Students in this course will be encouraged to learn from the ways that Toni Morrison—arguably the most celebrated living U.S. author–grapples with, 1. the singularities of African American experiences over time, from the colonial period to the present, 2. the formal/aesthetic challenges of creating works that are at once “unquestionably political and irrevocably beautiful,” within and against a variety of literary and cultural traditions, 3. defining the role of the artist and public intellectual in developing critical strategies for enlisting the reader to participate in remembering, reconceptualizing, and transforming a society whose formation depended on genocide and slavery. That is, we will read Morrison for what she can teach us, about love, survival, and community, about the ways that the subjects of her fictions inhabit particular locations, and about the ways that a writer shapes language into something maximally responsive to the complexities of human personality and the claims of history. In reading seven of Toni Morrison’s nine novels (THE BLUEST EYE, SULA, SONG OF SOLOMON, TAR BABY, BELOVED, JAZZ, A MERCY)–along with a number of critical statements by and about Morrison on the places where literary aesthetics, history/archive, identity, and cultural politics intersect–we will be led into a range of critical questions about such categories as race/racial formation, gender, class, ethics, and justice within the U.S. national and transnational narratives, as well as into considerations of the nature of literary pleasure and value, and the socio-politics of literary production/reception.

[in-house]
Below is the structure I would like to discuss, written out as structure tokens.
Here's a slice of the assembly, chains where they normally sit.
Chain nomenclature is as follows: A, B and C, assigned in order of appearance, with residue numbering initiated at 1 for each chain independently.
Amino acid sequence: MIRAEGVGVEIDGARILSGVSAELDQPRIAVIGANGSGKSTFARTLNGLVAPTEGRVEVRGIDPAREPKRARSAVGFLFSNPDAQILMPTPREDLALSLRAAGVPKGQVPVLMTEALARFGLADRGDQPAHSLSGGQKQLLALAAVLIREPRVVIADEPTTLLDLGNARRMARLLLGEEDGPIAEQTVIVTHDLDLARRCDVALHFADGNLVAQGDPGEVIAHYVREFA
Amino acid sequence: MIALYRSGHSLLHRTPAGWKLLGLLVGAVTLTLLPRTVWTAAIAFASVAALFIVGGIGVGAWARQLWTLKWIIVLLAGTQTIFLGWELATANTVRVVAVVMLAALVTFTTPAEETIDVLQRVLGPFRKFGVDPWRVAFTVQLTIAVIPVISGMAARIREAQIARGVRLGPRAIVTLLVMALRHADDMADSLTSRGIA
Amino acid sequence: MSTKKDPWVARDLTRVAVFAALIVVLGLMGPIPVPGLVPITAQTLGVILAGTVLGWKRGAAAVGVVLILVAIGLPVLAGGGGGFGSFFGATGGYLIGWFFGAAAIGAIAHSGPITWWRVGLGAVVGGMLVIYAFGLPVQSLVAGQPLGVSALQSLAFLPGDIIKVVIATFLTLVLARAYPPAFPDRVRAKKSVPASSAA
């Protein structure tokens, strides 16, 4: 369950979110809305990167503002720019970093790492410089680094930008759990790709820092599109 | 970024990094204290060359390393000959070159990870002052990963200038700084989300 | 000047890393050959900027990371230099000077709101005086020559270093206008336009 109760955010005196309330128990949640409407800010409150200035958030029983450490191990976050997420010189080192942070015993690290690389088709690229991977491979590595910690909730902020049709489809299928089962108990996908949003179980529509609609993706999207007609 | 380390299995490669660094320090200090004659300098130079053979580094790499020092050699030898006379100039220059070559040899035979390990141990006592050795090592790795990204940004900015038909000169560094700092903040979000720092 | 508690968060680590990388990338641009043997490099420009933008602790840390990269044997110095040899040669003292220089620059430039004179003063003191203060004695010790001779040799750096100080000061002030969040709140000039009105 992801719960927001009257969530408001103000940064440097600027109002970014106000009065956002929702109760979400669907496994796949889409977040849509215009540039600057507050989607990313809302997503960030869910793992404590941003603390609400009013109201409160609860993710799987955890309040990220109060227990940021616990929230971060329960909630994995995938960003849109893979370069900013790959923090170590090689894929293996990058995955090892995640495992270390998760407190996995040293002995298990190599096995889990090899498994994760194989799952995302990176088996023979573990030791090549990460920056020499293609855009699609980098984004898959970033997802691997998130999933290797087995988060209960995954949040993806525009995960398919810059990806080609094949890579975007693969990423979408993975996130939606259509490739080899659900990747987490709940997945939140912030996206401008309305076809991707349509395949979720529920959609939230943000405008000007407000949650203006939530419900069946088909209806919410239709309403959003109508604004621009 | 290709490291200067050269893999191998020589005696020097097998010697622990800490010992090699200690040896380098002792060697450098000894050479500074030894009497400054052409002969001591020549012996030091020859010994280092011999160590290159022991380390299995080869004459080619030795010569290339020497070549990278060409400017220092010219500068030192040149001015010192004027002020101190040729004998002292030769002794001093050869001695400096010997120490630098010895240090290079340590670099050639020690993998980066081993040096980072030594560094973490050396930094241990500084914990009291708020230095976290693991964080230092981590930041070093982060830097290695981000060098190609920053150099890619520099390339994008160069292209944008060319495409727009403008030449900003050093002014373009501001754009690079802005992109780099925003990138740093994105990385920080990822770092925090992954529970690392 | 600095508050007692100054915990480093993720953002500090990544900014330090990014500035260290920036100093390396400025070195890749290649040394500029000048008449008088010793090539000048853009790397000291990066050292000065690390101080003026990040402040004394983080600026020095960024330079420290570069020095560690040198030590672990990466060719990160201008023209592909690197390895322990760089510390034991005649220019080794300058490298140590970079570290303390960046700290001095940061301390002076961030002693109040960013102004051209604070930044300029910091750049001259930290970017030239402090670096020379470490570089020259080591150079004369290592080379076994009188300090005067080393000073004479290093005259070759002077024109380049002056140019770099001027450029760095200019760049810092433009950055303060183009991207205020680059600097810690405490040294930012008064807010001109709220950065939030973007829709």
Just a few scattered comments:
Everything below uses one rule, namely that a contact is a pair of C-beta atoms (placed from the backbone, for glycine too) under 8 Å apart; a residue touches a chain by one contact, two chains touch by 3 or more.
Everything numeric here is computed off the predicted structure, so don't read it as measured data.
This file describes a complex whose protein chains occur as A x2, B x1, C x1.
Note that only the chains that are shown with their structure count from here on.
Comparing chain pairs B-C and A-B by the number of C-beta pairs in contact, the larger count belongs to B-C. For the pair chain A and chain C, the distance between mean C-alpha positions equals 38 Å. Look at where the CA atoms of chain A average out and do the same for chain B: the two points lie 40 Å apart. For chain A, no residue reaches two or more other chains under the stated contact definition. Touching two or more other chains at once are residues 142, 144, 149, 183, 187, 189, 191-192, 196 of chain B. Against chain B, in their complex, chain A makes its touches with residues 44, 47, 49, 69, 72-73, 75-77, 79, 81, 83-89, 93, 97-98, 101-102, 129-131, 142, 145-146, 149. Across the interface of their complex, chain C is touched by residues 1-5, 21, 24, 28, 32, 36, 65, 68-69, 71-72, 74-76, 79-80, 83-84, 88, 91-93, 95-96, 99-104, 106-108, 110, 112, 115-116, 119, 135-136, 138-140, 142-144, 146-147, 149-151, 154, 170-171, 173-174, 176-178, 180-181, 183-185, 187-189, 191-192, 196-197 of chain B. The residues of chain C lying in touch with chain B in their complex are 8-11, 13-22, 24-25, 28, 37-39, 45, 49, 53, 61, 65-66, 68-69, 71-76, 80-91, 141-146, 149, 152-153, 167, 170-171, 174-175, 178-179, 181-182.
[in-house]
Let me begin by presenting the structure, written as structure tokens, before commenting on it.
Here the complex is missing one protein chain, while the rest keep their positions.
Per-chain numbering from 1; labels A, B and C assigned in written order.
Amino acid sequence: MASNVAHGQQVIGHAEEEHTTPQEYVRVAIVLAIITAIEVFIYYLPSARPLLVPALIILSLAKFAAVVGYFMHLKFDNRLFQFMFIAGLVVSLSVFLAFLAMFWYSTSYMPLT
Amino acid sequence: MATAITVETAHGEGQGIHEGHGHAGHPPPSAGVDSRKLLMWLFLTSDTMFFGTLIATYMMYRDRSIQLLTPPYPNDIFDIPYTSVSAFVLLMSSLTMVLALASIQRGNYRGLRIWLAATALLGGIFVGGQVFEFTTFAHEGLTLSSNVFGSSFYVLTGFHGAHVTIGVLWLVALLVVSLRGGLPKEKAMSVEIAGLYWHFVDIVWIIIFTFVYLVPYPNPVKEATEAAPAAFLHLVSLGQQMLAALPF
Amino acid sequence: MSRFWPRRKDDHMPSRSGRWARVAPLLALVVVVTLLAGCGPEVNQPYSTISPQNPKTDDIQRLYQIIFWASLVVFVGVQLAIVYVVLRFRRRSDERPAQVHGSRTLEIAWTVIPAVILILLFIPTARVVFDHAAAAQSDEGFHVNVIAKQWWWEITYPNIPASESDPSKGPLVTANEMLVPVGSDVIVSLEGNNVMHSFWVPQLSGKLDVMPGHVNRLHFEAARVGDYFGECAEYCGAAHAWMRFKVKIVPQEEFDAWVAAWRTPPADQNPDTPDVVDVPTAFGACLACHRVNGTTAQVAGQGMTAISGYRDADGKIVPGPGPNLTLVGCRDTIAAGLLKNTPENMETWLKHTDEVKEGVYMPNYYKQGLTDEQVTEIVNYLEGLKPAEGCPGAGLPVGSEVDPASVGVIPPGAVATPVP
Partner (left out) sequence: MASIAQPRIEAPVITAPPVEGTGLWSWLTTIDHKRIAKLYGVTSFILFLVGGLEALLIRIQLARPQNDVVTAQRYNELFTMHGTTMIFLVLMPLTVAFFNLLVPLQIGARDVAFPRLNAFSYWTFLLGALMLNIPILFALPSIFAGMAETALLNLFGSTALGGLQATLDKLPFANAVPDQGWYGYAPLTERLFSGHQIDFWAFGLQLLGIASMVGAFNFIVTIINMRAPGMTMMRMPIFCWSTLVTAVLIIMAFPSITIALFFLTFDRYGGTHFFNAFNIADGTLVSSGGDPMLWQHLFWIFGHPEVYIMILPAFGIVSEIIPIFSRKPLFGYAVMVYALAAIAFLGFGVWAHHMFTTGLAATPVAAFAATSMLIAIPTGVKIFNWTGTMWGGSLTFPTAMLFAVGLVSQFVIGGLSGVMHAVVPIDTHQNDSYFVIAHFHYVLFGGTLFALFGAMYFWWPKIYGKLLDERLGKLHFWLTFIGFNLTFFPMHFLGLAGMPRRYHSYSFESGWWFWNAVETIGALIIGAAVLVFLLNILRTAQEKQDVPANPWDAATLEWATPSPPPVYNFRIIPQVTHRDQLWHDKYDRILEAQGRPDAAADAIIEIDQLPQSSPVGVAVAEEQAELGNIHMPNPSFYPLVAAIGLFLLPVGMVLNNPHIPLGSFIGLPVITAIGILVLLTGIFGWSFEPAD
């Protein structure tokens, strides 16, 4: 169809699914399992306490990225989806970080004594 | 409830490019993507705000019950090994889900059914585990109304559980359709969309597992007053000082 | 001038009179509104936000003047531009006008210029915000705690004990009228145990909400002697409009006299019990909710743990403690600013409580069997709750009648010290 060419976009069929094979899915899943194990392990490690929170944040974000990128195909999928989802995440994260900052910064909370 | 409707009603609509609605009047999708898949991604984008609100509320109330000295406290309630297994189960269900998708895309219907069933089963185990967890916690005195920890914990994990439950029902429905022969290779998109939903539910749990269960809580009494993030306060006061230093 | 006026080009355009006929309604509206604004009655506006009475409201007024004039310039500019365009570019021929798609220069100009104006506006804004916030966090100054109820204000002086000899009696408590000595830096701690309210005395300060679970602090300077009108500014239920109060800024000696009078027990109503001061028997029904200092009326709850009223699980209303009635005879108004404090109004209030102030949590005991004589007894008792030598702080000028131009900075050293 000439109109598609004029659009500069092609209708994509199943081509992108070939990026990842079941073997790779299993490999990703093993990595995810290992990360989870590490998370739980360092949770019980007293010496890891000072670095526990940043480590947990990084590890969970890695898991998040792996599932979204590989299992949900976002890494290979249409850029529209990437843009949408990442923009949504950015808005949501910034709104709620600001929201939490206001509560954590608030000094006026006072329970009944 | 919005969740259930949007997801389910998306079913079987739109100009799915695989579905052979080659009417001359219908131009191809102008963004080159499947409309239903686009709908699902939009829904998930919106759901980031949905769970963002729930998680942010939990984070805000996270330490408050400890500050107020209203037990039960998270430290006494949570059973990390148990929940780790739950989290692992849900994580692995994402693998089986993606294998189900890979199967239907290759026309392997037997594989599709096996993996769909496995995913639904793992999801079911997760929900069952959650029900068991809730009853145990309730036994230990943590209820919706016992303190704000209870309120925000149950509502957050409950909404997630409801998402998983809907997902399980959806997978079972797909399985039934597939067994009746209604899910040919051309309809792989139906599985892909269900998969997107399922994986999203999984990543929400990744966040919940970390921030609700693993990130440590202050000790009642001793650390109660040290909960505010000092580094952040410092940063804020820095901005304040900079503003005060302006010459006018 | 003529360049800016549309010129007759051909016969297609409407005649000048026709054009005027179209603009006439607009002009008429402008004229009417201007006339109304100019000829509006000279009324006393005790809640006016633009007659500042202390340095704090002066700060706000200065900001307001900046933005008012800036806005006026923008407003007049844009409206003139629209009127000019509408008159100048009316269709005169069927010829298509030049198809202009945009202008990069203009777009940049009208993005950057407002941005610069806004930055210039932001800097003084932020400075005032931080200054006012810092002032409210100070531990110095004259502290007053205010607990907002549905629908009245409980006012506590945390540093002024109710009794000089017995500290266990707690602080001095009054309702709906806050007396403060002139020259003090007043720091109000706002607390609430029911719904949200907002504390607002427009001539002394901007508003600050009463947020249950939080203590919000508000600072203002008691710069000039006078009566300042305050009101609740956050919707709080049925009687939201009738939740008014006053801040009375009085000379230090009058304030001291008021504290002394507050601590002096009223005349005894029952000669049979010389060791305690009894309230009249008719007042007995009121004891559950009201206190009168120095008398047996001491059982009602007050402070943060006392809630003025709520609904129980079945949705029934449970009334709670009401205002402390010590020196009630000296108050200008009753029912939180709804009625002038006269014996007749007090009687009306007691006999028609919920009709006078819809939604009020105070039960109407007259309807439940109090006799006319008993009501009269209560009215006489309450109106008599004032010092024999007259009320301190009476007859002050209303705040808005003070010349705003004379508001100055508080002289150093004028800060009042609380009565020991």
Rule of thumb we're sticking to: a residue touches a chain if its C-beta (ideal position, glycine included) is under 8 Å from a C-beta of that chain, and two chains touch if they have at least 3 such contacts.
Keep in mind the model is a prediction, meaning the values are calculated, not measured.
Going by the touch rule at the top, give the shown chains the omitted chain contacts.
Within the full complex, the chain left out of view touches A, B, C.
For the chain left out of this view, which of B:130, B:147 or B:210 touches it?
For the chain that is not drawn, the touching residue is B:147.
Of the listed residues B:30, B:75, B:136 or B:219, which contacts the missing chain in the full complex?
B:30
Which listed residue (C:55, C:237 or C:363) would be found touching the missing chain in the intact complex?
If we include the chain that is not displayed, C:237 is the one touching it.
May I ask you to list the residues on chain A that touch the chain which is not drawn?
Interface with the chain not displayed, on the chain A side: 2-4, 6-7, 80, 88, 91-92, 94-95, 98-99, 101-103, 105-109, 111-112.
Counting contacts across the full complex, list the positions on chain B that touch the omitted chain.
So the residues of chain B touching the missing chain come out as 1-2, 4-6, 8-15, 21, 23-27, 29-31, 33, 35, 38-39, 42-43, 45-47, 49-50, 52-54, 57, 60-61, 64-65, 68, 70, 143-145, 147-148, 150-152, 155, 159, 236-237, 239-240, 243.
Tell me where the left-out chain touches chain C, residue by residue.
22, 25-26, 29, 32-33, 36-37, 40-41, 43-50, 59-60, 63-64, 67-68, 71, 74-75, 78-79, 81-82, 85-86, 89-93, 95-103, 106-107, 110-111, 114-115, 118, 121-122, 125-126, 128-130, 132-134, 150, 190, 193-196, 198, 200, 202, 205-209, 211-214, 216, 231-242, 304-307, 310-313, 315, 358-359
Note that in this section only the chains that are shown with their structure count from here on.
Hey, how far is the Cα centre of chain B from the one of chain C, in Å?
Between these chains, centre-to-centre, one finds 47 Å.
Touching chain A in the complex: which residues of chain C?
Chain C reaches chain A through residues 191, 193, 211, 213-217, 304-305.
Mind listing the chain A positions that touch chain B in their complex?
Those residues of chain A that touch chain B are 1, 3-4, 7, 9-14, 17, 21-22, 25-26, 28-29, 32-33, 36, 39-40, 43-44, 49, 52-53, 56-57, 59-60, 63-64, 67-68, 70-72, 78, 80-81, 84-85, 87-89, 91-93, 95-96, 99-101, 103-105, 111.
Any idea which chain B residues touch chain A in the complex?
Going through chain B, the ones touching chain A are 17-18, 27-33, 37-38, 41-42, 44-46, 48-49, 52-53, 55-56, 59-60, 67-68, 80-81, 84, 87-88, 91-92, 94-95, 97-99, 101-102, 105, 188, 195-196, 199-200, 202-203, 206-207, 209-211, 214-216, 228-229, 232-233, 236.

Required work for the course will include weekly postings to a class list on the novels, short reports, and two papers (one 4-5 pages, mid-way through semester, and the other a seminar paper of 10-12 pages). Students should come to class on the first day with the course reader, available from Campus Copy (at Campus Center). All other texts for the course will be available at Revolution Books.